Last year, approximately 80,000 American horses were trucked over our borders to be slaughtered for human consumption. Until this practice is banned and Congress passes a law against slaughter here in the U.S., no horse is safe.  


Learn More > 

ASPCA DONATIONS

In addition to sponsoring children monthly through programs such as Childfund.org and Compassion International, Seed Needs LLC also donates to ASPCA to help with any number of key issues listed below. We currently donate $100 per month and hope to continue with heavier donations as the years go by.

Cruelty Issues

As you read this, another innocent animal is being abused, neglected or forced to fight. The first step to creating positive change for these animals is recognizing the cruelty that threatens them. See the information below to better understand what ASPCA is fighting for and fighting against. 

DogFighting

Dogfighting is a type of blood sport in which dogs are forced to fight one another for the entertainment and/or profit of spectators.


Dogfighting is one of the most heinous forms of animal cruelty. Dogs used for fighting are typically raised in isolation, so they spend most of their lives on short, heavy chains. They are regularly conditioned for fighting through the use of drugs, including anabolic steroids to enhance muscle mass and encourage aggressiveness. 

Dogfighting victims may have their ears cropped and tails docked close to their bodies to minimize the animal’s normal body language cues and to limit areas that another dog can grab during a fight. Fighters usually perform this cropping/docking themselves using crude and inhumane techniques.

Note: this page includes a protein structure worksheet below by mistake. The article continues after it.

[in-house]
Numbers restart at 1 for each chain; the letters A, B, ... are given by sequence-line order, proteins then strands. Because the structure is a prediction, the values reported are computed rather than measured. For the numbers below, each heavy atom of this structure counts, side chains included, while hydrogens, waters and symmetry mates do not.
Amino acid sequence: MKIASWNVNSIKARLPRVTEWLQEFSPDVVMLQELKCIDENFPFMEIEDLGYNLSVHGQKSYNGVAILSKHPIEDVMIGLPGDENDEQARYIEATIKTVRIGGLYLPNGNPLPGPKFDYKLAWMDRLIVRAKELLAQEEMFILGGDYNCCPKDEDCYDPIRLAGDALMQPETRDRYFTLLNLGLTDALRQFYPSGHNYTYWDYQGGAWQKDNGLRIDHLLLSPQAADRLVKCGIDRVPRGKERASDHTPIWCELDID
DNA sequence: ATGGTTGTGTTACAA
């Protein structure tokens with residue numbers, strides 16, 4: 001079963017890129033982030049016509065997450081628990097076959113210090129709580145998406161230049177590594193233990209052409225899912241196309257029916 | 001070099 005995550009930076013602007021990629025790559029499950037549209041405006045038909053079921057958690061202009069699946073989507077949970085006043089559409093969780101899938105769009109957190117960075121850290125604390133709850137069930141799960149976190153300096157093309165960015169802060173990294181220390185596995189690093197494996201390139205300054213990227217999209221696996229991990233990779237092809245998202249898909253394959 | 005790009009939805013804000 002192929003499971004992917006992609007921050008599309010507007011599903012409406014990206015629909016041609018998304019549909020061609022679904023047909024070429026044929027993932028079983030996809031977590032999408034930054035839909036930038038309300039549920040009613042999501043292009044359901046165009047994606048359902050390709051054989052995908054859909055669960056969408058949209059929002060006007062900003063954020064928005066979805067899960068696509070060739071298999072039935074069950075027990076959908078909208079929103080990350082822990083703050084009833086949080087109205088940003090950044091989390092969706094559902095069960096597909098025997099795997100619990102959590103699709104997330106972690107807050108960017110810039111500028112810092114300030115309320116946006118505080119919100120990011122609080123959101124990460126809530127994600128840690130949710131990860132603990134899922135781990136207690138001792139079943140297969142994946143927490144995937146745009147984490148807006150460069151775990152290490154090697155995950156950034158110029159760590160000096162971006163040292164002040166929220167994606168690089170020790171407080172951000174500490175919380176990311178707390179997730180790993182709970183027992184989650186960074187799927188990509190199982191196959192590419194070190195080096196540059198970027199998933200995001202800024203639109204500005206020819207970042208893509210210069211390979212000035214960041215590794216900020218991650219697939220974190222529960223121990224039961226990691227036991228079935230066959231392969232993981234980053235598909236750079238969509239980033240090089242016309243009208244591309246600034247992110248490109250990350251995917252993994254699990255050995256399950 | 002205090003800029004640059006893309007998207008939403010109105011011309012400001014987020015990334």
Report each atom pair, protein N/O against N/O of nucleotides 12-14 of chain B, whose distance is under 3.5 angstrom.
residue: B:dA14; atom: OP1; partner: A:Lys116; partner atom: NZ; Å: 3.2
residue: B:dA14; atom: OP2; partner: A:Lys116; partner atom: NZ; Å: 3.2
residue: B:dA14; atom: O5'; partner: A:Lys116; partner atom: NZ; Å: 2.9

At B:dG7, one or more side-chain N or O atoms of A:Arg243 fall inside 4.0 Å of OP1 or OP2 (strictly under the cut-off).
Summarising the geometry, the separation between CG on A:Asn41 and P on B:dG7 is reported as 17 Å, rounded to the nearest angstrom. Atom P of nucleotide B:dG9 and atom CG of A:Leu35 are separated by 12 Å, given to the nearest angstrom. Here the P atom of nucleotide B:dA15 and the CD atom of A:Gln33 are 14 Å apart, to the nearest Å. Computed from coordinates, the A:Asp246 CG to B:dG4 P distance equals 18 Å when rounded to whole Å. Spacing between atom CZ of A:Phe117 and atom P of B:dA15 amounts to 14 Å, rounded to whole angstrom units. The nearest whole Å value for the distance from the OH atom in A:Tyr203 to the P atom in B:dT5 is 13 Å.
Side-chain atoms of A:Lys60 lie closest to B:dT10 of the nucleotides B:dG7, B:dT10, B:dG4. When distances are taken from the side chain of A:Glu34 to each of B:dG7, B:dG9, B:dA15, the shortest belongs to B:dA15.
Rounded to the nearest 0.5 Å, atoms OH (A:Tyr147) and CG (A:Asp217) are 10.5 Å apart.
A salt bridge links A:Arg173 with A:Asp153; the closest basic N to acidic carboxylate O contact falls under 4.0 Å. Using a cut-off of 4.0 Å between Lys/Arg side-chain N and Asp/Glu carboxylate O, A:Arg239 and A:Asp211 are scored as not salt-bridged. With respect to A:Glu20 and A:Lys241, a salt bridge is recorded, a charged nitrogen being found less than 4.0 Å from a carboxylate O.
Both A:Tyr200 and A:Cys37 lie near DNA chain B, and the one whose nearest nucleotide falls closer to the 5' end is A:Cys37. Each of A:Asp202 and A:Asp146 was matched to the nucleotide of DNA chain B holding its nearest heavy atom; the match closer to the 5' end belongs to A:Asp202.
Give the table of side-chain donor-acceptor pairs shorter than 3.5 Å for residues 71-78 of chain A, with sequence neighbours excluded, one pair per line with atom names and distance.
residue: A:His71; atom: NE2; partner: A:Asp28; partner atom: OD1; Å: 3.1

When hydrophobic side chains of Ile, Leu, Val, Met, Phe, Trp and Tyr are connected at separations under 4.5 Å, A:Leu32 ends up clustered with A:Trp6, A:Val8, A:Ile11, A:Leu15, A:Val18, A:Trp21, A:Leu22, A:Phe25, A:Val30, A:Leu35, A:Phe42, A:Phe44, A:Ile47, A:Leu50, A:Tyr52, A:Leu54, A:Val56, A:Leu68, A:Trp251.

Although dogfighting is a felony in all 50 states, it continues to occur in every part of the country and in every type of community. Fights can happen in a variety of locations ranging from back alleys to carefully-staged enterprises. Fights typically take place in a 14-20 square-foot pit designed to contain the animals.


Fights can last just a few minutes or several hours, and both animals may suffer injuries including puncture wounds, lacerations, blood loss, crushing injuries and broken bones. Although fights are not usually to the death, many dogs succumb to their injuries later, and losing dogs are often discarded, killed or brutally executed as part of the “sport.”


Learn More >


The Puppy Industry

Commercial breeders keep dogs barred from love, but dog lovers are fighting back!


Calling all dog lovers: Even if you’re not actively in the market for a new canine companion, you can take a stand and make a real difference for those who are suffering. From pushing back on government misdeeds to being a voice for the voiceless, we all have a part to play. 

There’s a reason the puppy mill industry doesn’t show you where their puppies come from. To turn a profit, corners need to be cut, and it’s the dogs imprisoned in puppy mills who pay the price both physically and emotionally.Puppies born into this sad world are comparatively lucky in one way: becausethey need to be sold while they’re small and young, the time they spend in these facilities is brief.


Unfortunately, the effects of where and how they were bred last a lifetime. Poor genetics, early weaning, unsanitary environments and significant stress can contribute to the development of serious health and behavioral problems that are expensive, difficult or impossible to treat.


Learn More >

Animal Hoarding